In order to inform EU citizens and stimulate their interest the Commission intends to improve the use of the communication tools preferred by the public, which include:

  • audiovisual services: the Commission will develop better networking of TV channels in Europe and of broadcasters, as well as the audiovisual news agency ” Europe by Satellite “;
  • internet: The EU website ” Europa ” is the largest public website in the world. The Commission considers it necessary to ensure that the best technologies are available, as well as the latest developments in the private sector, such as blogs. DG Communication will appoint an editor for Europa to structure and simplify the website. DG Communication will concentrate its intensified editorial efforts on a news site and on a number of general sites for young people and other key target audiences;
  • Commission publications: the Commission will continue to produce publications, but along the lines “less is better”;
  • citizens’ contact centres and information relays: the Commission will continue its support for citizens’ contact centres and information relays, notably through the Europe Direct free phone line. These information points provide a platform for non-specialised audiences to express their interests and receive information. The Commission proposes networking all of these information points;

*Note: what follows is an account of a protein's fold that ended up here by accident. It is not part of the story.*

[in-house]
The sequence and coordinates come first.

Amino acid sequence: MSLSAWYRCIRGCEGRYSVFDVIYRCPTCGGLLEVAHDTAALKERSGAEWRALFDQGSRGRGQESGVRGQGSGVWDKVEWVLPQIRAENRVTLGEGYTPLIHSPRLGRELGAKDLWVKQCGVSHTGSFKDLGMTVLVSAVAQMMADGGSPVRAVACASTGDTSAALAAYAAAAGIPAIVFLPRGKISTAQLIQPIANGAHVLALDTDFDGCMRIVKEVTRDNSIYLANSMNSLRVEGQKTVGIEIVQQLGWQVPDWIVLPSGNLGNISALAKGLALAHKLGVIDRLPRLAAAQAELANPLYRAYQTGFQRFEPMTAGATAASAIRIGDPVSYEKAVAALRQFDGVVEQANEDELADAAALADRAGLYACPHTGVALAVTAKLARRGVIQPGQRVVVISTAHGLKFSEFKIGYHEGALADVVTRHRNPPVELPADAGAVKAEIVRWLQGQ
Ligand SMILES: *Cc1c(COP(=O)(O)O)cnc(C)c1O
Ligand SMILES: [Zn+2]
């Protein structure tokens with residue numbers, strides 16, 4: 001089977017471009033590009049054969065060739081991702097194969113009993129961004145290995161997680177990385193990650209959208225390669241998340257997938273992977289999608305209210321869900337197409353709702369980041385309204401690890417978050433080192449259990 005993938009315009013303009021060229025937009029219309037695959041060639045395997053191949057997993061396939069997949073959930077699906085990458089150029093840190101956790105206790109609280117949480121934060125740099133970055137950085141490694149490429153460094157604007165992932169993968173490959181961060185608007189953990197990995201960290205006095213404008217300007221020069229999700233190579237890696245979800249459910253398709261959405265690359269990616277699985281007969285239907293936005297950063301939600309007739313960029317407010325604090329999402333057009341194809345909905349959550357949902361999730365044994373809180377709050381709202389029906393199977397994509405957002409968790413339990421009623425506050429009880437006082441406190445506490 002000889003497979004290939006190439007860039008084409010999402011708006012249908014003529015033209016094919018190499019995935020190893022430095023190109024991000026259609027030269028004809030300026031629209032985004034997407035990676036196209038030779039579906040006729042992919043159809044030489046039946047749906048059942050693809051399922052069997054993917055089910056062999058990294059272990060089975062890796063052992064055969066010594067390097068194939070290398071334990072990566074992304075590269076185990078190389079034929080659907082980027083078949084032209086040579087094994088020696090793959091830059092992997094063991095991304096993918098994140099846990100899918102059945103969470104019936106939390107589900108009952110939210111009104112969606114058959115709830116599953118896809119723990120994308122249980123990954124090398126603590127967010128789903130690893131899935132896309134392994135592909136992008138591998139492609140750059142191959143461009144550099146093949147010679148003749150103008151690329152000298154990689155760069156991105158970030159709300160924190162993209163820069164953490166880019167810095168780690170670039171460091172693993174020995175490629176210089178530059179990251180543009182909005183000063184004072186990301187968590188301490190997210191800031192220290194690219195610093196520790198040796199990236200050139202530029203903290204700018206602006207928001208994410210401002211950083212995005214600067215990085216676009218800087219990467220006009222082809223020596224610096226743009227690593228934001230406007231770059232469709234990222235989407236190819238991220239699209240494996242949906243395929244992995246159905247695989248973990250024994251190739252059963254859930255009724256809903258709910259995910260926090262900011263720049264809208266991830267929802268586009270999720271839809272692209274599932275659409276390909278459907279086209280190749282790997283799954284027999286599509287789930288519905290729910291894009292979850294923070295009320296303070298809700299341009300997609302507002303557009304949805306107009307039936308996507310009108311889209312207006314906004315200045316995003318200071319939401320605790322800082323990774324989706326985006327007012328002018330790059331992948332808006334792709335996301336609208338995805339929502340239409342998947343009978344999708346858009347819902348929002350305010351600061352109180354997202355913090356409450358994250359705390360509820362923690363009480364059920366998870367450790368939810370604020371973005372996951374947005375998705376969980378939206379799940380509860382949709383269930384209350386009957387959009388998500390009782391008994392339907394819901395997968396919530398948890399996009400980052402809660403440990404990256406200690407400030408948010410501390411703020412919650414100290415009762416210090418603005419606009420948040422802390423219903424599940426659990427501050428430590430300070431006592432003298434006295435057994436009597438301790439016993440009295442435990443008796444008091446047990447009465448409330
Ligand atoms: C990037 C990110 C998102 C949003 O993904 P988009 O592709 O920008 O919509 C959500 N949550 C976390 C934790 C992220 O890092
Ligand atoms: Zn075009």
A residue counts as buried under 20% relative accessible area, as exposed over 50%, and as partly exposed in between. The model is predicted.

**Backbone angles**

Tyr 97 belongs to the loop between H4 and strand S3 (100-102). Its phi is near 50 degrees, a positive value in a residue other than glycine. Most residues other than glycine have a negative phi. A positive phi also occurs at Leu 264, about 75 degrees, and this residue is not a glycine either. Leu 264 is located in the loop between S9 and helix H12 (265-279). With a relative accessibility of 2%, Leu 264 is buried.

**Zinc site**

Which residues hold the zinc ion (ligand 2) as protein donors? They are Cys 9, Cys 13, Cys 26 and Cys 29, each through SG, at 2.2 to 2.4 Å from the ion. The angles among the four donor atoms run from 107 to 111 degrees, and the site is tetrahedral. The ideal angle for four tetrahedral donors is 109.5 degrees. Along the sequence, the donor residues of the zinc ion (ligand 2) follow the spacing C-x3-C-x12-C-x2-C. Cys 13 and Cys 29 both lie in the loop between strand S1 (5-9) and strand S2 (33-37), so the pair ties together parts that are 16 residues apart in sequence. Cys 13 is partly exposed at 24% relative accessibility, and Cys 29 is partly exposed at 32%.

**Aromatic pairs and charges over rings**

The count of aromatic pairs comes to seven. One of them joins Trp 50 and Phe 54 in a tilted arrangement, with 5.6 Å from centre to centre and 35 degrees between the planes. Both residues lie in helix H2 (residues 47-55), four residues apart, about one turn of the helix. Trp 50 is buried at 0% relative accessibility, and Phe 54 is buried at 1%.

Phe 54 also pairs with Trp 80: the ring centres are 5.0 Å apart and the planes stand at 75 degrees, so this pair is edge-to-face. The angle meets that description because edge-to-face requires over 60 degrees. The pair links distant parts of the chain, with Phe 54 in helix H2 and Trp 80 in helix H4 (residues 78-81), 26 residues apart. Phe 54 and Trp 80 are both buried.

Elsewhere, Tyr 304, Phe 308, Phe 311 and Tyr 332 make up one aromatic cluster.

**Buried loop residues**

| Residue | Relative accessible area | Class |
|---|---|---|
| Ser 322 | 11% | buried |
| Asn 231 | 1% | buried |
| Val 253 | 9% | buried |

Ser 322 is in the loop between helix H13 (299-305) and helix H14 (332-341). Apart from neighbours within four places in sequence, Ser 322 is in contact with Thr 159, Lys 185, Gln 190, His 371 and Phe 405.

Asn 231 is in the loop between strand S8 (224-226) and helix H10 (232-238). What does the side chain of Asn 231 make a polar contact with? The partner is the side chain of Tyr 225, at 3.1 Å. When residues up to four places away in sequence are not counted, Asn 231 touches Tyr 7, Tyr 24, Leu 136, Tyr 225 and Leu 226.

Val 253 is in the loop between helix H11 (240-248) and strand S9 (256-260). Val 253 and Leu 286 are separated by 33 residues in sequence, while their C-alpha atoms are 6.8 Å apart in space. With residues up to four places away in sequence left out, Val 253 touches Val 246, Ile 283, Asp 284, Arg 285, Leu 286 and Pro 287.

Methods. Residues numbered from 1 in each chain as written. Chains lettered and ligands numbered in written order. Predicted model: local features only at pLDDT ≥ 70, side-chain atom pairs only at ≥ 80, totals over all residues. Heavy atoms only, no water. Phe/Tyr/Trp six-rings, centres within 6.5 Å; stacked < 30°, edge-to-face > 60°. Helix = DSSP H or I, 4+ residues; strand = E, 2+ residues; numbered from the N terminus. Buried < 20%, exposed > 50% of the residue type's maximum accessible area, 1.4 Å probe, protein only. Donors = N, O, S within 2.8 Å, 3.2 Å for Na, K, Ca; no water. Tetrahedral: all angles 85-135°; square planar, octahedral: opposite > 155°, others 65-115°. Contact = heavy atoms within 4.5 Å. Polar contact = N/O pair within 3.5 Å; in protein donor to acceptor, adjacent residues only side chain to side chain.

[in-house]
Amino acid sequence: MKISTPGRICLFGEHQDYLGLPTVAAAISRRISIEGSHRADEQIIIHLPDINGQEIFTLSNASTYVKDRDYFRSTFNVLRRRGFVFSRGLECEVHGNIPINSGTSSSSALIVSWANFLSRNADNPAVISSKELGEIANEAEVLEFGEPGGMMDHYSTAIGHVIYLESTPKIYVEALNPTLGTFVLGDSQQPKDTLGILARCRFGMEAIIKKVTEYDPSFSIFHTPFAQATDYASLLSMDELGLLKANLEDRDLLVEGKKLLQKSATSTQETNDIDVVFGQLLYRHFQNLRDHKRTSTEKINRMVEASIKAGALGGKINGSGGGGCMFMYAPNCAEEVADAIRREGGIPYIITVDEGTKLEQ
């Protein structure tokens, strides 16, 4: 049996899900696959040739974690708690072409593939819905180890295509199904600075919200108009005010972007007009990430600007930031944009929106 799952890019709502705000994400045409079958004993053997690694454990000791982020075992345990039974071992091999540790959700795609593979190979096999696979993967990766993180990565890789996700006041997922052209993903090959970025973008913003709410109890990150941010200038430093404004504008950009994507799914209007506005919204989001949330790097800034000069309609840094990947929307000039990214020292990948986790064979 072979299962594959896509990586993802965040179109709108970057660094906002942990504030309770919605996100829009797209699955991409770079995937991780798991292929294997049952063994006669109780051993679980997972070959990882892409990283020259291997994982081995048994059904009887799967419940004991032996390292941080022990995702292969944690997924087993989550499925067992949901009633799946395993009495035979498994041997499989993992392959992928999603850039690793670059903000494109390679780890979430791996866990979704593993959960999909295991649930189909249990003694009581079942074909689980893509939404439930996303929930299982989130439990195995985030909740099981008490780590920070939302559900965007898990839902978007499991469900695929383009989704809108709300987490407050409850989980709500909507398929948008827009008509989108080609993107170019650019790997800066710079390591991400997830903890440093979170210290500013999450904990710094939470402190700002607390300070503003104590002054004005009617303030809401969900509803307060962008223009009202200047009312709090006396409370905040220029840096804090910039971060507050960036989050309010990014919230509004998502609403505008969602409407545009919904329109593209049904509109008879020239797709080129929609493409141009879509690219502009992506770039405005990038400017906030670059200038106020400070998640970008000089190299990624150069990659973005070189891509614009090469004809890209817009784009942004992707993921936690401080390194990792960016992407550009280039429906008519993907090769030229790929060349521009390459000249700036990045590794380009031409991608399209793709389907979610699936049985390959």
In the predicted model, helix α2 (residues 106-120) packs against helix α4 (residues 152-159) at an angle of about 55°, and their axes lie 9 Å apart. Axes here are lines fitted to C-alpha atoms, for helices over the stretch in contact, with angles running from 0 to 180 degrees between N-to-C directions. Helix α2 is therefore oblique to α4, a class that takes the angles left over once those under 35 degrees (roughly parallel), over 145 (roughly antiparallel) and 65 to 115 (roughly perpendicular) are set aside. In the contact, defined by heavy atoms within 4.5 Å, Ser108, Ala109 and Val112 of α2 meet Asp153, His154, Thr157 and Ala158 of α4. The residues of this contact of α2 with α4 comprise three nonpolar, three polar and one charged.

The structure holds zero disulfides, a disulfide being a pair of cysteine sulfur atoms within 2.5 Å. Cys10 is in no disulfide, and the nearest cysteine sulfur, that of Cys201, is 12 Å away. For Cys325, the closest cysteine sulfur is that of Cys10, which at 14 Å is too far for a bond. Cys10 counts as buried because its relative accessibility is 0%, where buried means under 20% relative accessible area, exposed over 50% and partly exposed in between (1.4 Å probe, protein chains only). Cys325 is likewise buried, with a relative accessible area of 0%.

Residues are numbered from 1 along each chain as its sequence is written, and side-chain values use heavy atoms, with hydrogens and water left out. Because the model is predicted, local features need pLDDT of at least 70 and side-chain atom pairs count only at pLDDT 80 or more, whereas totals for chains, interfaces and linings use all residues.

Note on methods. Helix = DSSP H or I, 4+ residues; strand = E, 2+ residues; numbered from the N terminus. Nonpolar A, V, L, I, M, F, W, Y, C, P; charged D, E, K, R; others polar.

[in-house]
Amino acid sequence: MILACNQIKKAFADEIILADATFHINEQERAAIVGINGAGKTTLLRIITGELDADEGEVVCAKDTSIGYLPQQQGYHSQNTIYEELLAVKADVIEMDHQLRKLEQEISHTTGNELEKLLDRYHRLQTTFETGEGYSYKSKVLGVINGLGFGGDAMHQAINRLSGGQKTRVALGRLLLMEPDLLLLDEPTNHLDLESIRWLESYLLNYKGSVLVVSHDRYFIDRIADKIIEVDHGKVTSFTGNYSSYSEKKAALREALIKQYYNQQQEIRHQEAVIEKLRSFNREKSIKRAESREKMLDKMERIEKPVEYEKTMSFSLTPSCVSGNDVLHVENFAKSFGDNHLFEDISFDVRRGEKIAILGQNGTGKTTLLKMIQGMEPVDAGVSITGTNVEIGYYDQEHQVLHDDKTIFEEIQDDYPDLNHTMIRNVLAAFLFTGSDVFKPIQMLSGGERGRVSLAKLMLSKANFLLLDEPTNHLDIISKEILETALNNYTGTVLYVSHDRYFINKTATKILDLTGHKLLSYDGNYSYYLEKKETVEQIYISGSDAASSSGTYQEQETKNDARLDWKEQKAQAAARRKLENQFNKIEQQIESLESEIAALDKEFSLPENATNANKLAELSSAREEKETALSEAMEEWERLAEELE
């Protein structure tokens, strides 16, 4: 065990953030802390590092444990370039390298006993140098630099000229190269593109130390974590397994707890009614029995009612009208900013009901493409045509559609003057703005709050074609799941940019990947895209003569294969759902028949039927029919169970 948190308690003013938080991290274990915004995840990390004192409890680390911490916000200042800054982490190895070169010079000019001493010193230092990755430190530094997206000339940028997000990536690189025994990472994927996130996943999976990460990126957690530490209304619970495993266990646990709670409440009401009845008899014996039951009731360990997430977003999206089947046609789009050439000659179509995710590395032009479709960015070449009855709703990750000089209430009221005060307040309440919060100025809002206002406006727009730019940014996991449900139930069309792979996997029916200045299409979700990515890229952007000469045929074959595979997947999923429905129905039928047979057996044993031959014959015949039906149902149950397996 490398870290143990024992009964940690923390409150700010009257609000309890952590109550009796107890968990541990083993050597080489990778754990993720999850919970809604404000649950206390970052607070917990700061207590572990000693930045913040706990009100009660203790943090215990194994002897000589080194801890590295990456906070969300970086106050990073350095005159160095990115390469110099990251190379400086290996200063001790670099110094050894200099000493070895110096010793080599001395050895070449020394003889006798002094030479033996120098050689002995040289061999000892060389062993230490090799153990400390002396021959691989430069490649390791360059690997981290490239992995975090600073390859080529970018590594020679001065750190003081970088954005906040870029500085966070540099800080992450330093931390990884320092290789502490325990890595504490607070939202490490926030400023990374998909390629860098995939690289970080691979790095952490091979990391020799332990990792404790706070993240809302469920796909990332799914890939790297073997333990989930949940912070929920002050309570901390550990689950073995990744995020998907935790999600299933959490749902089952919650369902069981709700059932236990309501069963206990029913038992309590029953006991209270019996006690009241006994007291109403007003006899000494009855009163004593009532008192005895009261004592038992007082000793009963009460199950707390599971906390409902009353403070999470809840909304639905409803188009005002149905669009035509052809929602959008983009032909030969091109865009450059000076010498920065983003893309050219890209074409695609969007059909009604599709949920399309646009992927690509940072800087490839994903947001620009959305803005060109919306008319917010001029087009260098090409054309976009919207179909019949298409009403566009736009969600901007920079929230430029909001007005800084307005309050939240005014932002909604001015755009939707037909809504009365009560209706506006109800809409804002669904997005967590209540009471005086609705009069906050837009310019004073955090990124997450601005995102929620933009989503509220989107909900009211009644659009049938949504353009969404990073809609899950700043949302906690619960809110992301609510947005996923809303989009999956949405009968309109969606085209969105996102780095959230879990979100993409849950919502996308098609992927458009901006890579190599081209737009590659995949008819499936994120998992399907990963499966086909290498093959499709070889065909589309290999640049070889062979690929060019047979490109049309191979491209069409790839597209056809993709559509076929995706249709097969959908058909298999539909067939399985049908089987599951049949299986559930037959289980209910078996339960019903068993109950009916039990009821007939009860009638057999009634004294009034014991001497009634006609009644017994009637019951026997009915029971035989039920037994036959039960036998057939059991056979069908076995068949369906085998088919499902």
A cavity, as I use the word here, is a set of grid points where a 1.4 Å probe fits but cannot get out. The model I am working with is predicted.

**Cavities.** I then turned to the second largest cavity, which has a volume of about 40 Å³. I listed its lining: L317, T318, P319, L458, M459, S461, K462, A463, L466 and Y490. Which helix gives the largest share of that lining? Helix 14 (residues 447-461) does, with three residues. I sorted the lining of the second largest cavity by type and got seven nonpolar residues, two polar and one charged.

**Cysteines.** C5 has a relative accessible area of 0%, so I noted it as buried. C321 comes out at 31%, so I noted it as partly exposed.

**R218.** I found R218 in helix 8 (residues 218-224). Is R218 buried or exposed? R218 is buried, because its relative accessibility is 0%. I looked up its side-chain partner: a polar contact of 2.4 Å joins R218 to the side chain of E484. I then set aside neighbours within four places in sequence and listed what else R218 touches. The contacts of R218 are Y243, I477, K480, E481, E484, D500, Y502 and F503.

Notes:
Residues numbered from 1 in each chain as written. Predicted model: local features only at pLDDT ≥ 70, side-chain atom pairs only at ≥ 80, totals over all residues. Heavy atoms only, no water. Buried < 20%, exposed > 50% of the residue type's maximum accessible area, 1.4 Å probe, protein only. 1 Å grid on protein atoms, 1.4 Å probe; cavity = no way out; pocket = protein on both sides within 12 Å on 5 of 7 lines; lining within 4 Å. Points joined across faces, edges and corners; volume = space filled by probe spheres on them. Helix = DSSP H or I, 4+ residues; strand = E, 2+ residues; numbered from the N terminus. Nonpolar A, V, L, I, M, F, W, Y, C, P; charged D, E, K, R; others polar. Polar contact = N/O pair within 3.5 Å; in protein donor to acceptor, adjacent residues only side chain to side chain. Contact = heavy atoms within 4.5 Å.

• visitor groups: the Commission will devote particular attention to journalists, national and local politicians, civil society and to young people;
  • cooperation with journalists: the Commission will step up cooperation with journalists through training for journalists on EU affairs and through accommodating more student journalists in the Commission’s programme of internships;
  • events: the organisation of events such as conferences, seminars or multilingual internet chats will play an important role in the Commission’s communication strategy.

The Commission realises that in order to implement all these measures substantial resources will need to be allocated, in terms of both budget and personnel. This is because all the DGs will be devoting more time to communication. In addition, the Commission Representations in the Member States will need to be reinforced considerably in order to achieve greater communication impact at local level.

This fact sheet is not legally binding on the European Commission; it does not claim to be exhaustive and does not represent an official interpretation of the text of the Treaty.